By Janai Raphael, Graduate Assistance for Research and Data Analysis
Within recent years, text message interventions have emerged as popular and cost-effective tools to increase college enrollment and persistence rates by nudging students to complete key college-going milestones. These interventions often vary along several dimensions including customization levels, methods of delivery, and topics covered.
Not coincidentally, studies show these text-based interventions producing a mixed bag of results, leaving many to question their impact. However, a recent study lends evidence to positive results.
In a new study published by the American Educational Research Association, researchers launched a text-based FAFSA campaign across 66 public high schools, which together enrolled more than 17,000 senior students in eight school districts in Houston and Austin, Texas. Of the 66 high schools, researchers randomly selected 39 to be in the treatment group.
Using OneLogos Education Solutions, students received automated text messages regarding the importance of FAFSA, links to resources to help complete the FAFSA, and key state and institutional filing deadlines during the second half of their senior year. Students were allowed to respond to the text messages and received direct responses from their assigned school counselors. This campaign took a more personalized and data-driven approach by providing students individualized updates on their FAFSA submission and completion status biweekly. It further leveraged students’ existing relationships with their counselors by encouraging students to schedule on-one-one advising appointments with their counselors, instead of an external organization, for additional assistance.
Students were separated into four different groups and received different messages based on their FAFSA filing status:
Students who had not yet begun the FAFSA received links to helpful FAFSA resources and were encouraged to schedule an appointment for one-on-one assistance with the counselor or at a local FAFSA completion event.
Students who submitted but did not complete the FAFSA were congratulated for the progress, reminded of their filing status, and invited to request additional assistance.
Students who successfully completed their FAFSA were also congratulated and received information on next steps, such as reviewing their Student Aid Report. These students were also made aware of the possibility of being flagged for verification once their FAFSA processing was complete.
Students who were flagged for verification were in the fourth group, and these students received more information on the verification process and how to request additional help from their counselors or at a local FAFSA completion event.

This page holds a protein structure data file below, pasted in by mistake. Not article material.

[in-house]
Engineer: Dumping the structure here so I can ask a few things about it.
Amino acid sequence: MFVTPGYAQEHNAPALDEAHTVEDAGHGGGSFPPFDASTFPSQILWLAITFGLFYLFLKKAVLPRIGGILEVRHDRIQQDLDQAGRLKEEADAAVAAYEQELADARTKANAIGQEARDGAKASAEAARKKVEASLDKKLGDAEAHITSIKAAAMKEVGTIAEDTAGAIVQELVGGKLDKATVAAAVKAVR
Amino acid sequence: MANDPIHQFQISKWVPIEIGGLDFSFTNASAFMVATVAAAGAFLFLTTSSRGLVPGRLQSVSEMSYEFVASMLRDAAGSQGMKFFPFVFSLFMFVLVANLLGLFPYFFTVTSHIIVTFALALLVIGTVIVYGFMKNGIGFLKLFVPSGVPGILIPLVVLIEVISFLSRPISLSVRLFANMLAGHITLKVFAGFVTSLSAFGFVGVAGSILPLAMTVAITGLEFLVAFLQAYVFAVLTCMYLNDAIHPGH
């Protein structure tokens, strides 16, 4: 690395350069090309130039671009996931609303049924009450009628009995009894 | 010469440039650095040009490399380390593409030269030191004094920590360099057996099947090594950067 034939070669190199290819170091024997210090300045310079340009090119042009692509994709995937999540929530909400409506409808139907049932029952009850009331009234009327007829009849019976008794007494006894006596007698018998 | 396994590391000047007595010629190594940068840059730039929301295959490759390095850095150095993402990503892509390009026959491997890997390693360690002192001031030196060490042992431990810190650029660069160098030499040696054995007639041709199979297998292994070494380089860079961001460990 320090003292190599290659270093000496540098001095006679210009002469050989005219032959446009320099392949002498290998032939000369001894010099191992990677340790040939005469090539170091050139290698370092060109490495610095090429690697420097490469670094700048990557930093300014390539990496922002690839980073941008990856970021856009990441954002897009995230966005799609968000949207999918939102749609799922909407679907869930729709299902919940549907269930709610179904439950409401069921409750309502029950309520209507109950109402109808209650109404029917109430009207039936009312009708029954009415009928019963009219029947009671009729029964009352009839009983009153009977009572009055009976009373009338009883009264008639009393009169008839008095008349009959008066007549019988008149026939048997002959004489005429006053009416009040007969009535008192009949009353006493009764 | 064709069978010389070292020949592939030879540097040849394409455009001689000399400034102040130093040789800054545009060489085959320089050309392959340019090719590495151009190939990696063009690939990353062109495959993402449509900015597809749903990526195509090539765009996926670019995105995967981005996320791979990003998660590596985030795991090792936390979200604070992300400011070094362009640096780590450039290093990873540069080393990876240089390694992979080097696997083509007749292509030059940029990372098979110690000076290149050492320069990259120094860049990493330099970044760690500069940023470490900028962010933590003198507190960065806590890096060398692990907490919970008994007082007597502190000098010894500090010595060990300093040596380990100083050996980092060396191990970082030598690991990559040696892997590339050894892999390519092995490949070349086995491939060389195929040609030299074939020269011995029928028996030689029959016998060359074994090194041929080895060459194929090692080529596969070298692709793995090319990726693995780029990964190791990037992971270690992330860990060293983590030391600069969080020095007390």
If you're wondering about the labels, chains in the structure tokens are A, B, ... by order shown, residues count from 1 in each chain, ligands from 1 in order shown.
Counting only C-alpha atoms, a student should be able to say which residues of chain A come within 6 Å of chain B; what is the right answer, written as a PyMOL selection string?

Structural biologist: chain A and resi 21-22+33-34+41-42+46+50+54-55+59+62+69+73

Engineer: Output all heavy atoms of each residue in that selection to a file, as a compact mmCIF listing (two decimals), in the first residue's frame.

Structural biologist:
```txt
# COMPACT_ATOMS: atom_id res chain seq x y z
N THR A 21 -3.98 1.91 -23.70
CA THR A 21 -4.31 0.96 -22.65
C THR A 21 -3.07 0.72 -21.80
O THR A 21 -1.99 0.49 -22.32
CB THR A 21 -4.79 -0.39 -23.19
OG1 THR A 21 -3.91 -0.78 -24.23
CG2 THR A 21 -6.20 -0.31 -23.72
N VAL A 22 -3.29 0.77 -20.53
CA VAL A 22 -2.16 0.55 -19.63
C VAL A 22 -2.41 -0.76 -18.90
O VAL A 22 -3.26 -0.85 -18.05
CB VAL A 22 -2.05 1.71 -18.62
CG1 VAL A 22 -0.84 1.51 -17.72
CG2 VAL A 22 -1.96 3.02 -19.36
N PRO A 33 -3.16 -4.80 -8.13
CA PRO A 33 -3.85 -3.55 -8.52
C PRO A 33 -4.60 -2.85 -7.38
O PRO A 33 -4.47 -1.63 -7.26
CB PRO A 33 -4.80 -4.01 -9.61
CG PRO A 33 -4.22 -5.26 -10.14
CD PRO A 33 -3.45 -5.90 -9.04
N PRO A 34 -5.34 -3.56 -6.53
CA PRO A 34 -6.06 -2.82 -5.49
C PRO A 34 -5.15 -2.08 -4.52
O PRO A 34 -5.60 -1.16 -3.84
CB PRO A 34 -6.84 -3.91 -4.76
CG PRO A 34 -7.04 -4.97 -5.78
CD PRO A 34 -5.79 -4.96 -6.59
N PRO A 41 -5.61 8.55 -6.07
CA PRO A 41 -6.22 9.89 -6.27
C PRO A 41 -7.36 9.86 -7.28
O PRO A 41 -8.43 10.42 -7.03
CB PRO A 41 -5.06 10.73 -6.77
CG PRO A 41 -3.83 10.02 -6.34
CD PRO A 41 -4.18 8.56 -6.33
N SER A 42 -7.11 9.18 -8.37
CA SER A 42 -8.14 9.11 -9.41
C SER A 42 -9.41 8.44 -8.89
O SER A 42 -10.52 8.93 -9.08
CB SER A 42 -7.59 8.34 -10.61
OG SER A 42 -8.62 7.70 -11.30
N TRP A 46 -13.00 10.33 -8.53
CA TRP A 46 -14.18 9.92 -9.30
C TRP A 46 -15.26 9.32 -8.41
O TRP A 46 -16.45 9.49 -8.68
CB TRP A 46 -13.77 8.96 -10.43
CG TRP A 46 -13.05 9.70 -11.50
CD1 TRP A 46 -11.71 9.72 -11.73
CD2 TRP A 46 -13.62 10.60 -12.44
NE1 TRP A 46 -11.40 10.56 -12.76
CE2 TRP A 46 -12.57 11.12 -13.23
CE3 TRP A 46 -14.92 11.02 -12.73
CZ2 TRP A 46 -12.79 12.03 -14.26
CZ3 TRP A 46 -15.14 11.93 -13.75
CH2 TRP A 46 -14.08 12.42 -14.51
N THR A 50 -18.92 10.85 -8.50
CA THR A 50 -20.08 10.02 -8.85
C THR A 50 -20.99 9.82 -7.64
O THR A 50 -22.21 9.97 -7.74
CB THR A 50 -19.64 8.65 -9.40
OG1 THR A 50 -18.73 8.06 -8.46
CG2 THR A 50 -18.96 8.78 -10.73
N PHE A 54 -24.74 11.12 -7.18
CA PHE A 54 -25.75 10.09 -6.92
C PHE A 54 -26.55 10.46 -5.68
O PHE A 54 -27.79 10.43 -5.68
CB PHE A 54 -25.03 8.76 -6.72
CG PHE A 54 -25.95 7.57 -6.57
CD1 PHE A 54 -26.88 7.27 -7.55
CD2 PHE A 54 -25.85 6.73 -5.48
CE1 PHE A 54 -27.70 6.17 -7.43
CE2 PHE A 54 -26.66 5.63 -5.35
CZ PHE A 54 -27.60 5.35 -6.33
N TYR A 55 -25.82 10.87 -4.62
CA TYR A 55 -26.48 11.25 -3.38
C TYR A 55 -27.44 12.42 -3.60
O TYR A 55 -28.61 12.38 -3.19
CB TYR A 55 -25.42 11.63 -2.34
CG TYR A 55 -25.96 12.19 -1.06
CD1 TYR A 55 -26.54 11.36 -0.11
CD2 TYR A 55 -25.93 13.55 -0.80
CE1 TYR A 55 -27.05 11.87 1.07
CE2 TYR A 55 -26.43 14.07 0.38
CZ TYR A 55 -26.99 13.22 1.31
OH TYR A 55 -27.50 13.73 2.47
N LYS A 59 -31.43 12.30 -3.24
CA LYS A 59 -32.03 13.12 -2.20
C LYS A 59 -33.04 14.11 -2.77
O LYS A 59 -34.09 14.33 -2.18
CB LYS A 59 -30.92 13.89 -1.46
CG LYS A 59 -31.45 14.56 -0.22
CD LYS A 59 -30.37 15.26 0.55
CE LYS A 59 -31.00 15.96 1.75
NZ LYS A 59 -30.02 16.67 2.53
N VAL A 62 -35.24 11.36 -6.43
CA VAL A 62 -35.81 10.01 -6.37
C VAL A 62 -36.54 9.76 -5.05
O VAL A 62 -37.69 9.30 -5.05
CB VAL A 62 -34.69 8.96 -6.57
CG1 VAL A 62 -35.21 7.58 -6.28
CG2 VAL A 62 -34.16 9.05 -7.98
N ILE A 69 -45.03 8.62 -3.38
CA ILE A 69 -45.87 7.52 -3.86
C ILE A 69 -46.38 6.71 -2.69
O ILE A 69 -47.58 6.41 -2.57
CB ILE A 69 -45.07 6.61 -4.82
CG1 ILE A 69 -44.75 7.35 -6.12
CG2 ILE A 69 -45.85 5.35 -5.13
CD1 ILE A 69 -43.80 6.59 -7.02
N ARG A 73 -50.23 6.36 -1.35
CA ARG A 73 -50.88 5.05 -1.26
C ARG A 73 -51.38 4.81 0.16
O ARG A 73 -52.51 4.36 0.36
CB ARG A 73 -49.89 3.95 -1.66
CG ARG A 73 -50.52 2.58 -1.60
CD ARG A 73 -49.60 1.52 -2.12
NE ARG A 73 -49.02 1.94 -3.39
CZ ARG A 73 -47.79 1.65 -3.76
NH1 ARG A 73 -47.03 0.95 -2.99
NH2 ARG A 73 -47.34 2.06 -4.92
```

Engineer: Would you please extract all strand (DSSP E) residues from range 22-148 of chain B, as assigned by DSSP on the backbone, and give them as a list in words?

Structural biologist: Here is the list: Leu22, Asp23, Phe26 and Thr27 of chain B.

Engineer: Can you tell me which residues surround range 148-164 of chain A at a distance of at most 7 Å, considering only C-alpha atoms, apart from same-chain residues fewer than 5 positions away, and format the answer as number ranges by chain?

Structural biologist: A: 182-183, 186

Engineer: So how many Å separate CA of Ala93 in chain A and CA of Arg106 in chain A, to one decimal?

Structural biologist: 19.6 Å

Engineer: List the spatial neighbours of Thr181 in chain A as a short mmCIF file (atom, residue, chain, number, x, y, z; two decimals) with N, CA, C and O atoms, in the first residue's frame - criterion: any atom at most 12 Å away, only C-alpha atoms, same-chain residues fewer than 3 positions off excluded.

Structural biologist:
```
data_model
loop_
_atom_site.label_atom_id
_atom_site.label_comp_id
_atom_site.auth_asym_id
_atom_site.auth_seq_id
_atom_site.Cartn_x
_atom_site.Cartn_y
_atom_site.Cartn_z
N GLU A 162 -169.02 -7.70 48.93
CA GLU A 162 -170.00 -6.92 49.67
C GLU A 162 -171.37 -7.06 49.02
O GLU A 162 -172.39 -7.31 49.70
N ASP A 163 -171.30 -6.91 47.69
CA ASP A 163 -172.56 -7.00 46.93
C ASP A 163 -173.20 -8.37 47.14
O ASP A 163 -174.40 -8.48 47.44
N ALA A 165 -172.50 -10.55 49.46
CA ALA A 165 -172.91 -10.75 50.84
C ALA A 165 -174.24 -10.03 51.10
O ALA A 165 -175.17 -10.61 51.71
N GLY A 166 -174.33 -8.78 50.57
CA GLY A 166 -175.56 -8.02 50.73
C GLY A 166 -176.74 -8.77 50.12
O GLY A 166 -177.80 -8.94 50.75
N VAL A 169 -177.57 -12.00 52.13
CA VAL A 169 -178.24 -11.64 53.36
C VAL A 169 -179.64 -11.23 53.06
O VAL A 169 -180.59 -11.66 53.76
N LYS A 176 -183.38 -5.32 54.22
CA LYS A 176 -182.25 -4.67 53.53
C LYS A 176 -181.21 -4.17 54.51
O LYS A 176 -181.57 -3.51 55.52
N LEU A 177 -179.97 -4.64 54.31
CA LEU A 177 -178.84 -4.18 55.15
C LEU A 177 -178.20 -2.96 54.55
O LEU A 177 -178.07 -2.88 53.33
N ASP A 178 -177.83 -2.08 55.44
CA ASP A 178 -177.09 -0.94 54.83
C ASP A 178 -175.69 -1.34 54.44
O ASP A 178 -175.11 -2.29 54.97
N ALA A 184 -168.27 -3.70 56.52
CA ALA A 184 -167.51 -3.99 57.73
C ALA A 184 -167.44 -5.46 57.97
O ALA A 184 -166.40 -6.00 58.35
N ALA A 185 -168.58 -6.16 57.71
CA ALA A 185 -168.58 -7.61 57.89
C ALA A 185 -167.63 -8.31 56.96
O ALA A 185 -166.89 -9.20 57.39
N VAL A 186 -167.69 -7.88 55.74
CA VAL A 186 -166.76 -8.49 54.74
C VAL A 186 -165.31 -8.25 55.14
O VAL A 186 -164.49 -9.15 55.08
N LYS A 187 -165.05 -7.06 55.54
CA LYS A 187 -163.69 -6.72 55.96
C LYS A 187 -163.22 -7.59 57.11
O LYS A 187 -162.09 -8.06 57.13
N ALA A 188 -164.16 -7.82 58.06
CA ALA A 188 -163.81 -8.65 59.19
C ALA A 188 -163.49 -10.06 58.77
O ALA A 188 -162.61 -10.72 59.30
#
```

Students’ filing statuses were updated as the district received new data every one to two weeks. This intervention reached a total of 7,500 students and cost approximately $8 per student.
At the end of the intervention in May, the researchers found that FAFSA submission and completion rates were 6 percentage points higher for students in the treatment group. By the end of the summer, the campaign’s impact dropped to a statistically insignificant 3 to 4 percentage points. These results suggest that the intervention influenced both students' overall FAFSA filing and filing timing. However, the researchers did find overall gains of 3% in seamless college enrollment, with declines in two-year and gains in four-year enrollment.
Unfortunately, results were not as positive for students who were flagged for verification. Between the control and treatment groups, seamless enrollment was 5 percentage points lower for these students overall. Verification effects were 2.2 percentage points smaller within treatment schools.
A study released in August found both a national and state-level text-based campaign had no impact on the college enrollment or financial aid receipt rates of the 800,000 students included in the study. This study used a multimodal approach (text messages, email, and postal mail) to send students one-way messages focused solely on FAFSA completion and offered one-on-one advising through an external college access program. Only 11.6% of students even responded to the messages.
That report made some hypotheses about its null finding. First, “local partners may know something important about their students and such students may react differently to messages from partners they feel are specifically invested in them or their communities.” Second, “The global scale-up in this study implied messaging content was more generic and less personalized to students than in prior interventions, perhaps resulting in lower salience for students.” That the recent AERA study made use of both counselors students had a connection to and personalized text messages may explain why it had an impact on students’ outcomes.
As more schools, districts, and college access programs continue to explore innovative ways to better serve students, this report demonstrates that personalized, data-driven, text-based interventions can be a practical, cost-effective tool to increase college access for students. There have been many studies about text message interventions in the past seven or so years. Although their findings sometimes conflict, their methods and implementation do as well. What is emerging is the importance of using text messaging to augment and expand the provision of college advising services from trusted advisers and adults rather than replacing them completely with text messaging alone.